Posted by: Matthew | Dec 9, 2012 6:27:28 PM

  22. Andy's original point is well taken. I don't doubt the writer's talent at creating a variety of different characters; I question his motivations. Ron Carlivati certainly may have created varied and believable characters in the past. The gay nurse on General Hospital, nevertheless, is the gay equivalent of blackface minstrel shows depicting African-Americans in the early 20th century. So in summary, Ron Carlivati has developed some characters that are fair and one character that he should be ashamed of, unless he takes the character of the gay nurse in a completely different direction, which I doubt. I'm not commenting on Mr. Carlivati's entire career; I'm commenting on one really stupid, self-loathing move on his part.

    Posted by: Artie_in_Lauderdale | Dec 9, 2012 6:27:32 PM

  23. It's unfair and disingenuous to try to reduce hostility to stereotype to hostility to effeminacy or gender-nonconformity. The people who rush to harangue you about how effeminacy is OK (usually effeminate gay men) often fail to respond to the real problem of equating male homosexuality with non-masculinity. Gender and sexuality are independent of one another. This is a fundamental tenet of queer theory, so it's bizarre to accuse opponents of gay gendered stereotypes (which conflate gender and sexuality) as somehow anti-queer. There's no defense for a statement like, "Gay guys know all about women's shoes fashions." (Something like that was said in the movie Legally Blonde.) These types of generalizations are promoted constantly by certain gay men who fit stereotypes--and by straight people.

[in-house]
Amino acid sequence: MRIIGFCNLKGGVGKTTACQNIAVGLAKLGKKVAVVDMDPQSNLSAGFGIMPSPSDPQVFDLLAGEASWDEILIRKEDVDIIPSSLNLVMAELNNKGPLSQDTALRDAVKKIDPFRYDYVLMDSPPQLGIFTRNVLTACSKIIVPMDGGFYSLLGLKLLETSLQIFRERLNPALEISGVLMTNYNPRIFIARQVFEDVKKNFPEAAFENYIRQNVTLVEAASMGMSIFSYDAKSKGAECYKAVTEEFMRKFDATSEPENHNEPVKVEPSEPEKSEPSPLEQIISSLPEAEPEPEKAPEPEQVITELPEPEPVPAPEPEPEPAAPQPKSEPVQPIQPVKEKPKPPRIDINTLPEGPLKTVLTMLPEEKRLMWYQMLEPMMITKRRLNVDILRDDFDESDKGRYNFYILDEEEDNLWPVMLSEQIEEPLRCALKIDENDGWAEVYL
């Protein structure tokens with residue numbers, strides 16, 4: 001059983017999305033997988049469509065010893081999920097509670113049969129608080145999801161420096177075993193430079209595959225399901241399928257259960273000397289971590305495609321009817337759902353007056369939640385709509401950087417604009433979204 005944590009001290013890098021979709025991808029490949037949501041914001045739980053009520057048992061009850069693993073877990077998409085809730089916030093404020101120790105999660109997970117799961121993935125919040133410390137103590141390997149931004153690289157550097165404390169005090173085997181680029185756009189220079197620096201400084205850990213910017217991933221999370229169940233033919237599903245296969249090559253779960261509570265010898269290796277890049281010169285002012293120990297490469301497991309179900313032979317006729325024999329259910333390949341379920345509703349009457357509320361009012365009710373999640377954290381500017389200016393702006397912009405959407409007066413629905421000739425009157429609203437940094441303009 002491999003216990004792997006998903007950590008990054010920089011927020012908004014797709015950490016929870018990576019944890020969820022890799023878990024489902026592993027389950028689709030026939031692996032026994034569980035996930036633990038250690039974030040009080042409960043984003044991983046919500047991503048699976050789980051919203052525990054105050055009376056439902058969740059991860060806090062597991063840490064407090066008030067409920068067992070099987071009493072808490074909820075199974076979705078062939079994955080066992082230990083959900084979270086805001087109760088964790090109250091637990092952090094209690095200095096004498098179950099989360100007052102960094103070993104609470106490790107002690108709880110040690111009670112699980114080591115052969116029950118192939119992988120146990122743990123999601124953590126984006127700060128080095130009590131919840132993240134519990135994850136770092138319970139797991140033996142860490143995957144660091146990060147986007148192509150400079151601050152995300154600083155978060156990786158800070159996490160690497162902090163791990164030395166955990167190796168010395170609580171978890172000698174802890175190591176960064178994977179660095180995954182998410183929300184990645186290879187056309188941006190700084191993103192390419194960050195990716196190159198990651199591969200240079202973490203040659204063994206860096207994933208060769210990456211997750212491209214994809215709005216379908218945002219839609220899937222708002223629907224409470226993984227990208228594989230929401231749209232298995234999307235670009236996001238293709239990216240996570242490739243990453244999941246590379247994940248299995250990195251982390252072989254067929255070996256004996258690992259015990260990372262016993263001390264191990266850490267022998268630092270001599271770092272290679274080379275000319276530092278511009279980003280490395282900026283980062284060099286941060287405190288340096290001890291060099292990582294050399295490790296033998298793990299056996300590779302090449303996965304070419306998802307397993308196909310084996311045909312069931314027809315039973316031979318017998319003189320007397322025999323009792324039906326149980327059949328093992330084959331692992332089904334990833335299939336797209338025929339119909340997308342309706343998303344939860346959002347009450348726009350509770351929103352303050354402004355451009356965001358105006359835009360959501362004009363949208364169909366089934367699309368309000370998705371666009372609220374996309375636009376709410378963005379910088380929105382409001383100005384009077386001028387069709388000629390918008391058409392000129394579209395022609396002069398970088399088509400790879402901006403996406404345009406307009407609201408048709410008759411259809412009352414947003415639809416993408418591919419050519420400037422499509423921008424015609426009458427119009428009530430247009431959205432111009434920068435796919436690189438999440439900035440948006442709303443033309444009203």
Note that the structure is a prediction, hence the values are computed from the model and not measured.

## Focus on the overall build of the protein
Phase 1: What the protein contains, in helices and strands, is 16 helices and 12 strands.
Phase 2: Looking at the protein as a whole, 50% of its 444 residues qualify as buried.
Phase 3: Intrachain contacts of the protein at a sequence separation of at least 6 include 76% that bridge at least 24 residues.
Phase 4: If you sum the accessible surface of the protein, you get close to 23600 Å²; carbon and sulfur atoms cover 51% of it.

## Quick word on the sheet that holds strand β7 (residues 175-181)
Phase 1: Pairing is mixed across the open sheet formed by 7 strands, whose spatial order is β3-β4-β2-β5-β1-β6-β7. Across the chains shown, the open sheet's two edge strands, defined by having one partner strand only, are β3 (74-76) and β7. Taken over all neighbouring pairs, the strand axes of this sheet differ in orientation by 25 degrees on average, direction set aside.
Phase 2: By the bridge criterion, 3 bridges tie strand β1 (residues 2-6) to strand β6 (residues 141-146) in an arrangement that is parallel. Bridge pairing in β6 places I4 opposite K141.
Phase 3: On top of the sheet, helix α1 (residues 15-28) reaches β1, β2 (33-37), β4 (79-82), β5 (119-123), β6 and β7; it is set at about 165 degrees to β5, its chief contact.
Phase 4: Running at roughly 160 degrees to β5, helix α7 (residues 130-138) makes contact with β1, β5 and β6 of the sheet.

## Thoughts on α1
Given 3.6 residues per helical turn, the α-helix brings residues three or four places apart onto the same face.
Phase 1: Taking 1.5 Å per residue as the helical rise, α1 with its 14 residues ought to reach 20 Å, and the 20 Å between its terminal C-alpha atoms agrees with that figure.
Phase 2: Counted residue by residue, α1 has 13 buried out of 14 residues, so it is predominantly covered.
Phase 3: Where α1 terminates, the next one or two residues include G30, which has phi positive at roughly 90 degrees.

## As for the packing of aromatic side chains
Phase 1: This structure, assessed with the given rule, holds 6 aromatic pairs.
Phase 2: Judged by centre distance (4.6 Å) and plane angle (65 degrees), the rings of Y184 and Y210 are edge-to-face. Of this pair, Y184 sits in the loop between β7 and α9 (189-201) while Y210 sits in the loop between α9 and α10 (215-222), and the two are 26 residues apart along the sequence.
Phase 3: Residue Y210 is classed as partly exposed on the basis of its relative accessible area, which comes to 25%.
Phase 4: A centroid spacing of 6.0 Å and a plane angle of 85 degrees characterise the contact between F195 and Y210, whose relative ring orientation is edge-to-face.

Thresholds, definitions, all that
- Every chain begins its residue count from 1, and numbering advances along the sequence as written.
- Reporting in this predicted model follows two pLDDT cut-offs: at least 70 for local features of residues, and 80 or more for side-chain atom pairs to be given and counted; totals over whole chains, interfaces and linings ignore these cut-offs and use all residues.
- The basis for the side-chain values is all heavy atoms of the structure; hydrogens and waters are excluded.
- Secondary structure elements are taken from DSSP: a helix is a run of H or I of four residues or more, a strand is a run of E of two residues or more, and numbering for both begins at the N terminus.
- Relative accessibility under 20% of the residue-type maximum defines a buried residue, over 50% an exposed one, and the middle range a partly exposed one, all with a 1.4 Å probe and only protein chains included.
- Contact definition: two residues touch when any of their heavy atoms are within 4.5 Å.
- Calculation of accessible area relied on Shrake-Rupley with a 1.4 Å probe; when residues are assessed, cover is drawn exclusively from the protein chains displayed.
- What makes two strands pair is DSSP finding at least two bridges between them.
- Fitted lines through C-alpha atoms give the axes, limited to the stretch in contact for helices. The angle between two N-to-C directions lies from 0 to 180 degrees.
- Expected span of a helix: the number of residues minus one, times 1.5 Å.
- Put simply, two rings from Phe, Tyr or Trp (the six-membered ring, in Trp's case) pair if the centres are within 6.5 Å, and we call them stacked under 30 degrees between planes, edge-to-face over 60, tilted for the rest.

By conforming to heterosexist expectations, effeminate gay men are the least affected by gendered stereotypes and the least incentivized to dismantle them. So they're in the privileged position here, which I wish they could be aware of before they lecture masculine gay men for being offended by stereotypes.

    That said, the lipstick-wielding General Hospital character is not necessarily an example of a stereotype. A lot of media targeted towards women have grotesque travesties of gay men though (like the gay guy in Legally Blonde). And another thing: A lot of offensive stereotypes of gay men are also offensive stereotypes of women (as frivolous, campy, inept, etc.). Realizing that, it becomes even harder to defend these stereotypical portrayals.

    Posted by: Kyle | Dec 9, 2012 6:28:01 PM

  24. a "straight-acting gay" is a gay man who resents being gay and tries to find validation in "not being gay"

    a masculine gay man who is comfortable with himself as a gay man would never, EVER, describe himself as straight-acting.

    and if ever had an issue with "masculinity" it certainly would come as a shock to a great many of my friends and lovers.

    newsflash - confident, empowered, "masculine" gay men dont' denigrate those who may be perceived as "effeminate"

    that's the domain of the insecure resentful-homosexual coward.

    attempt to understand that, Matthew. You can look real real hard - you'll never find a single thing i've said "against Masculinity" - because i've never said it.

    if you're a confident masculine gay man you'd never describe yourself as "Straight-Acting"

    feel free to read this, MAtthew - it should make things clearer for you.


    Posted by: LittleKiwi | Dec 9, 2012 6:33:25 PM

  25. You are condemning this character and writer after one scene -- a scene I would bet 90% of the posters here did not even see. (Just as I assume most have not seen Ron Calivati's other "masculine" gay characters such as the gay cop he created. Maybe this nurse character has an Audi, too. I can't wait to see the scene of him detailing it wearing his jungle red lipstick.

    Posted by: JM | Dec 9, 2012 6:33:52 PM